Ranking the MLB Offseason's 25 Best Signings, Trades
The MLB offseason's best signings and trades don't always include the biggest names.
So, apologies to Clayton Kershaw and Robinson Cano, who are both undeniably among the best players in all of baseball. However, Kershaw's $215 million haul and Cano's $240 million payday are simply too exorbitant to be described as the best deals of the offseason.
The list does include some top-tier free agents who scored payouts well above $100 million. There's also room in the rankings for an array of lower-profile players who could prove to be absolute bargains.
With those considerations in mind, here's a ranking of the MLB offseason's 25 best signings and trades.
25. Miami Marlins Sign Casey McGehee
When the Miami Marlins signed third baseman Casey McGehee to a one-year, $1.1 million deal, the move didn't exactly create much buzz. Still, at a minimal cost, the team has added an intriguing power bat.
Last season, McGehee was a teammate of Masahiro Tanaka with the Rakuten Golden Eagles of Nippon Professional Baseball. While with the Golden Eagles, McGehee clubbed a team-leading 28 home runs and also posted the highest OPS (.891).
24. Seattle Mariners Sign Corey Hart
Like McGehee, Corey Hart brings plenty of power potential.
The Seattle Mariners landed the long-time Milwaukee Brewer on a one-year, $6 million contract, with the opportunity for Hart to earn up to $4.65 million more in performance bonuses.
The outfielder/first baseman missed all of the 2013 campaign after undergoing surgery on both of his knees, but from 2010-2012, he swatted 87 home runs. If Hart had maintained that level of production in 2013, he would have scored a major multiyear deal this offseason.
23. Cleveland Indians Sign John Axford
The Cleveland Indians added John Axford on a one-year, $4.5 million deal back in the middle of December. The under-the-radar move could end up paying off nicely for Cleveland.
Last season, Axford lost his closer's job with the Brewers before ultimately finishing out the year with the St. Louis Cardinals. However, the right-hander never lost the ability to produce strikeouts.
In 65 innings of work, Axford racked up 65 punch-outs. The ability to get swings-and-misses is always a highly valuable commodity for any reliever working in late-game, high-leverage situations.
22. Los Angeles Angels Sign Raul Ibanez
The Los Angeles Angels signed designated hitter Raul Ibanez to a one-year, $2.75 million deal to help make up for the power production the club lost with the departure of Mark Trumbo to the Arizona Diamondbacks.
The veteran slugger provided plenty of pop for the Mariners in 2013, as Ibanez totaled 29 home runs. However, just five of those long balls came after the All-Star Break.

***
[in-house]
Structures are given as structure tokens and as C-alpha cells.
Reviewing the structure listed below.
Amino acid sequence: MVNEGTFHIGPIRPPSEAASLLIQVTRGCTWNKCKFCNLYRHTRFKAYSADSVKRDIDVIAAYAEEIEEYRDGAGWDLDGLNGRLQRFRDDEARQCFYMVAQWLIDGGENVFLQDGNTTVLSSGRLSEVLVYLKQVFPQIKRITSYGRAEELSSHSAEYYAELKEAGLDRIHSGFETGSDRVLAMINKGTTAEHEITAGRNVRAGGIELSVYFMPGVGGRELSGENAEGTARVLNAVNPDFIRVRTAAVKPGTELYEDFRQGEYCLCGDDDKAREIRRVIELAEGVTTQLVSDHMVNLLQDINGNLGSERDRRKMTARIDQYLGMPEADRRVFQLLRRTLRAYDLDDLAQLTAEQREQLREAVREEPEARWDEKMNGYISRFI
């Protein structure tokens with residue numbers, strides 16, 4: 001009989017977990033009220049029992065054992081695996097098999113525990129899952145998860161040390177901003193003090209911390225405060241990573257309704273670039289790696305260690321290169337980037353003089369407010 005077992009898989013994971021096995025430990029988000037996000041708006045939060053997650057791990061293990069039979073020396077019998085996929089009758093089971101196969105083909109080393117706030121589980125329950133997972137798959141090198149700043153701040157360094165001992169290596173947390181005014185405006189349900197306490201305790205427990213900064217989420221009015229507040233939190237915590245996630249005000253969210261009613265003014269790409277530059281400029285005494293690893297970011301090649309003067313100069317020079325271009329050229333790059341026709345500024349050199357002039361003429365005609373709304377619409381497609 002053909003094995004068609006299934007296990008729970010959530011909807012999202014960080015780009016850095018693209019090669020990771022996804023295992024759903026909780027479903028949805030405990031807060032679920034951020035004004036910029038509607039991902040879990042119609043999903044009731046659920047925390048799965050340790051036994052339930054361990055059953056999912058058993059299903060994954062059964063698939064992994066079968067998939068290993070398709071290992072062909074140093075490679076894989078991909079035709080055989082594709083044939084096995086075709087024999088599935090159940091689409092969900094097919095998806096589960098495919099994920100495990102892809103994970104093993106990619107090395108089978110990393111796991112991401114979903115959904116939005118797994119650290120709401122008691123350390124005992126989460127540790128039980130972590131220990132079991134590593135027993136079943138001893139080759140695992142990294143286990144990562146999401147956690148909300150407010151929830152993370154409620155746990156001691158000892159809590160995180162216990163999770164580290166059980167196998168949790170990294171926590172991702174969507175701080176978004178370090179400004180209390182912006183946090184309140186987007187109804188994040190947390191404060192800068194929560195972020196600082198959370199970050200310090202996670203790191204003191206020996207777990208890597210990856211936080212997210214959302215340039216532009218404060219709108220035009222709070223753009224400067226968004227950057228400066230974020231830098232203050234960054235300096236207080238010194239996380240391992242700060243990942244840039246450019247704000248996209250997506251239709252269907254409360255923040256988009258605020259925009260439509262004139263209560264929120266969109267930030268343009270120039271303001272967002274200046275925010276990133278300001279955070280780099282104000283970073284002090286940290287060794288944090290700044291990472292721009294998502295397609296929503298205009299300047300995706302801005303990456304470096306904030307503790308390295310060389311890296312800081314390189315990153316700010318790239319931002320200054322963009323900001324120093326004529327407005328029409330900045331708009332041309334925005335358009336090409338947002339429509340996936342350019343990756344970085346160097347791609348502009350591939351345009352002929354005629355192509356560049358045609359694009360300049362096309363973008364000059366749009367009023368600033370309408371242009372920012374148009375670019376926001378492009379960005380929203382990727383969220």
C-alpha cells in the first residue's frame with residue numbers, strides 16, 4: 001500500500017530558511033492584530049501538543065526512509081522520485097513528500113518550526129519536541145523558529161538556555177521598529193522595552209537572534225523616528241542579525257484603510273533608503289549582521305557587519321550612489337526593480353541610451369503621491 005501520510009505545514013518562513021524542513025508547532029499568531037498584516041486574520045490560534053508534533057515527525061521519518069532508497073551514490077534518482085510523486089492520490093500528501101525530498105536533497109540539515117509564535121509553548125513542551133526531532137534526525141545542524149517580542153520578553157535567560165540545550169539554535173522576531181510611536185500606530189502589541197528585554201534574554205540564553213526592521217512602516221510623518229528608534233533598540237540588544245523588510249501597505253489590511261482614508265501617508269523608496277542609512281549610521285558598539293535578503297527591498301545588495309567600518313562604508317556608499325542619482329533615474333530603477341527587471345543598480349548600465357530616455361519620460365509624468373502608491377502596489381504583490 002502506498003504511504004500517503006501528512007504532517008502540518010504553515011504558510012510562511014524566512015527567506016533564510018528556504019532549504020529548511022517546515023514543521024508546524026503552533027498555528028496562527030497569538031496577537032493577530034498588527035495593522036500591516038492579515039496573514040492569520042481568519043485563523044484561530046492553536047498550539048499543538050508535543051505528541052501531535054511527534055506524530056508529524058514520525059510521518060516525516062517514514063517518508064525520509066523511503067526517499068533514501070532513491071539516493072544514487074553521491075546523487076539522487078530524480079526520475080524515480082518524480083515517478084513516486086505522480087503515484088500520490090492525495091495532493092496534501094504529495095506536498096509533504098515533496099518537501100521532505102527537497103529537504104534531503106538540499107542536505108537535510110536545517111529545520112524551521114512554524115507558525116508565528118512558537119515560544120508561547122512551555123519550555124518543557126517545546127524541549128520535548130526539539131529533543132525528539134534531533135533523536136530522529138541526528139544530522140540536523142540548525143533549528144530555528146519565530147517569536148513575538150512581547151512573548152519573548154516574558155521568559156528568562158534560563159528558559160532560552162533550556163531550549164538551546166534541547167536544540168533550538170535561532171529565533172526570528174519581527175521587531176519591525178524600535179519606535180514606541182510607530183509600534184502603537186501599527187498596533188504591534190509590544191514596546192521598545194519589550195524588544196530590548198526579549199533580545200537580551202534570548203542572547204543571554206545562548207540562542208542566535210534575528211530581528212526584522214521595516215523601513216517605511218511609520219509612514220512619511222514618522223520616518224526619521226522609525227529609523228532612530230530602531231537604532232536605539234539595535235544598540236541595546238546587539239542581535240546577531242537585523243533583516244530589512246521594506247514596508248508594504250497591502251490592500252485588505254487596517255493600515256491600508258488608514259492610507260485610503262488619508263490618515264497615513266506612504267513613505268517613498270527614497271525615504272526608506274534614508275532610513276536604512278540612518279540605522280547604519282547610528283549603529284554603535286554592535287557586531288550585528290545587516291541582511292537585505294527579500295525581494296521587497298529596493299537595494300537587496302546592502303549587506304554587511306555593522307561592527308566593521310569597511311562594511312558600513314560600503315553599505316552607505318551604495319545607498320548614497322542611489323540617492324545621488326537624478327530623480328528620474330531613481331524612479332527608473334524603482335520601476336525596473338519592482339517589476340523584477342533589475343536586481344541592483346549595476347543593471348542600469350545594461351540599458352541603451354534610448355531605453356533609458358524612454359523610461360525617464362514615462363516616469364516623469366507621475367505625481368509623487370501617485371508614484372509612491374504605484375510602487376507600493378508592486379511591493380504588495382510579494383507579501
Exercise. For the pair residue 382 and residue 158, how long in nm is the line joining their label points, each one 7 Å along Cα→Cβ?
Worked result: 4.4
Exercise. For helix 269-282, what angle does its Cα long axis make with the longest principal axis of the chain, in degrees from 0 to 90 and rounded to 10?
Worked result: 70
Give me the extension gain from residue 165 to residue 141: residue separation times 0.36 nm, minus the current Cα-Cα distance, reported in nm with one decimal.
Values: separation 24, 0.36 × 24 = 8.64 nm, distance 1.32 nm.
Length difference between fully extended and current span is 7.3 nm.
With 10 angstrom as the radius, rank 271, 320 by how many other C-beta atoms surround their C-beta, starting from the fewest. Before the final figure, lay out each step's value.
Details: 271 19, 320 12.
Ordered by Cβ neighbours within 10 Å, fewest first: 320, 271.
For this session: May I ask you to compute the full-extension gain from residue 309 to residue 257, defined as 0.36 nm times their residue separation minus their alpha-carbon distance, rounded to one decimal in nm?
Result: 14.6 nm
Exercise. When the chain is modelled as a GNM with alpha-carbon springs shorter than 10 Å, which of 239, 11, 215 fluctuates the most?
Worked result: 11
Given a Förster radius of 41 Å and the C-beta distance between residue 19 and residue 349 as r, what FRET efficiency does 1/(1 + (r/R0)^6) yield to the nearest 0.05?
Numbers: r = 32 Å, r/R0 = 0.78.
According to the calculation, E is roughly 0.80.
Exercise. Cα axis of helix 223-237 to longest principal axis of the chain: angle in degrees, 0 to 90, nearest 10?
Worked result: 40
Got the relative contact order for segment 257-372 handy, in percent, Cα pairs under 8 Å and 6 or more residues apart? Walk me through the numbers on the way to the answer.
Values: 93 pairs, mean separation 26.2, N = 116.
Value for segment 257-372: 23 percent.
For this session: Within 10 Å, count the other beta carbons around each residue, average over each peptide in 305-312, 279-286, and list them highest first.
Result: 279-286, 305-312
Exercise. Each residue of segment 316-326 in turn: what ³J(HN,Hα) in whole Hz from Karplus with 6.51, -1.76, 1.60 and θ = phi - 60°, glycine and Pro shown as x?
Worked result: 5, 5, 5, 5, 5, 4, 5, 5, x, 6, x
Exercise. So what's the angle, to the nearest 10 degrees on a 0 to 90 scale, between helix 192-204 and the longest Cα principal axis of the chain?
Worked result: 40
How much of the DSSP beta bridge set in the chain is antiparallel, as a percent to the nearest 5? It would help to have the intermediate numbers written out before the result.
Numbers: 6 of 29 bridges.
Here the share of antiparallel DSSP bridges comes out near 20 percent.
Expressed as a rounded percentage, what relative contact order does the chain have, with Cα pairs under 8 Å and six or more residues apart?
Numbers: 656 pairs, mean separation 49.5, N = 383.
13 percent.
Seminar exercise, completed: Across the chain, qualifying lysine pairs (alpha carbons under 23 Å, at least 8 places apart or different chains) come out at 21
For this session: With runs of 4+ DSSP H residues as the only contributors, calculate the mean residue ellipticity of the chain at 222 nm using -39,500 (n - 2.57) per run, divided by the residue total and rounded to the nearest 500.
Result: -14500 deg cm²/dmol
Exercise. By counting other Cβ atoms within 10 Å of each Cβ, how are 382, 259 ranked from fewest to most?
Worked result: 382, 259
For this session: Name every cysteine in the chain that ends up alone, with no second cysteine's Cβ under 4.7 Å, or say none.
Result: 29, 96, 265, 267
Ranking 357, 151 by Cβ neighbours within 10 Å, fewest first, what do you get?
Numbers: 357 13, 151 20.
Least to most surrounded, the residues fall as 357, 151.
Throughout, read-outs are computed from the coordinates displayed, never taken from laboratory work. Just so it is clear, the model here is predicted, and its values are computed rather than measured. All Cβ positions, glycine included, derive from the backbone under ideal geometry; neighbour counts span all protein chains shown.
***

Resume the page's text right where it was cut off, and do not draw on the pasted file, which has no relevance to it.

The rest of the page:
Still, there's good reason to believe that Ibanez will thrive in Southern California. The 18-year veteran owns a career slash line of .349/.407/.522 in 327 career plate appearances at Angel Stadium, according to Ken Rosenthal of Fox Sports.
21. Cleveland Indians Sign David Murphy
Coming off the worst season of his career, David Murphy agreed to a two-year, $12 million deal with the Indians.
In 2013, Murphy's average slumped to .220 and his OPS fell to .656. However, as recently as 2012, Murphy hit .304 with 15 home runs, an .859 OPS and a 126 OPS+. If the outfielder can rediscover that form, he will prove to be an excellent value for Cleveland.
20. Houston Astros Sign Jesse Crain
Jesse Crain will be a much-needed upgrade for a Houston Astros bullpen that posted a collective 4.92 ERA in 2013, which was the worst in all of baseball.
Last season, Crain was one of the best right-handed relievers in all of MLB, as he put up a 0.74 ERA with a K/9 of 11.3 on his way to an All-Star nomination. However, Crain missed extensive time last year with a right shoulder strain.
Shoulder injuries are always a major concern for pitchers, but he's worth the risk on a one-year, $3.25 million deal. According to Brian McTaggart of MLB.com, Crain's status for Opening Day remains up in the air.
19. Oakland A's Acquire Luke Gregerson
The best part of Oakland's acquisition of Luke Gregerson is that the team was able to land the setup man in exchange for a player who didn't even have a clearly defined role on the club in 2014.
Seth Smith is a quality player, but he's a poor fit in the American League, where his pinch-hitting opportunities were limited. Gregerson, meanwhile, is an ideal addition to a loaded Oakland bullpen that also includes Jim Johnson, Sean Doolittle, Ryan Cook, Dan Otero and Eric O'Flaherty.
18. New York Yankees Sign Kelly Johnson
There wasn't a lot of hype when the New York Yankees added Kelly Johnson on a one-year, $3 million deal. However, there are at least two reasons to think that Johnson could be a solid player in New York.
First, the veteran is highly versatile, as he saw time at second base, third base, first base, the outfield and the designated hitter's spot for the Tampa Bay Rays in 2013. The ability to play all over the diamond makes Johnson a perfect fit for the Yankees, a the team that has question marks at second and third.
Second, the utility man is deceptively powerful. Johnson has clubbed at least 16 home runs in four straight seasons. With the short porch in right field at Yankee Stadium, he should make that five straight in 2014.
17. Boston Red Sox Sign A.J. Pierzynski
It's truly remarkable that the Boston Red Sox were able to sign A.J. Pierzynski on a one-year, $8.25 million deal considering that Carlos Ruiz snagged a three-year, $26 million payout from the Philadelphia Phillies.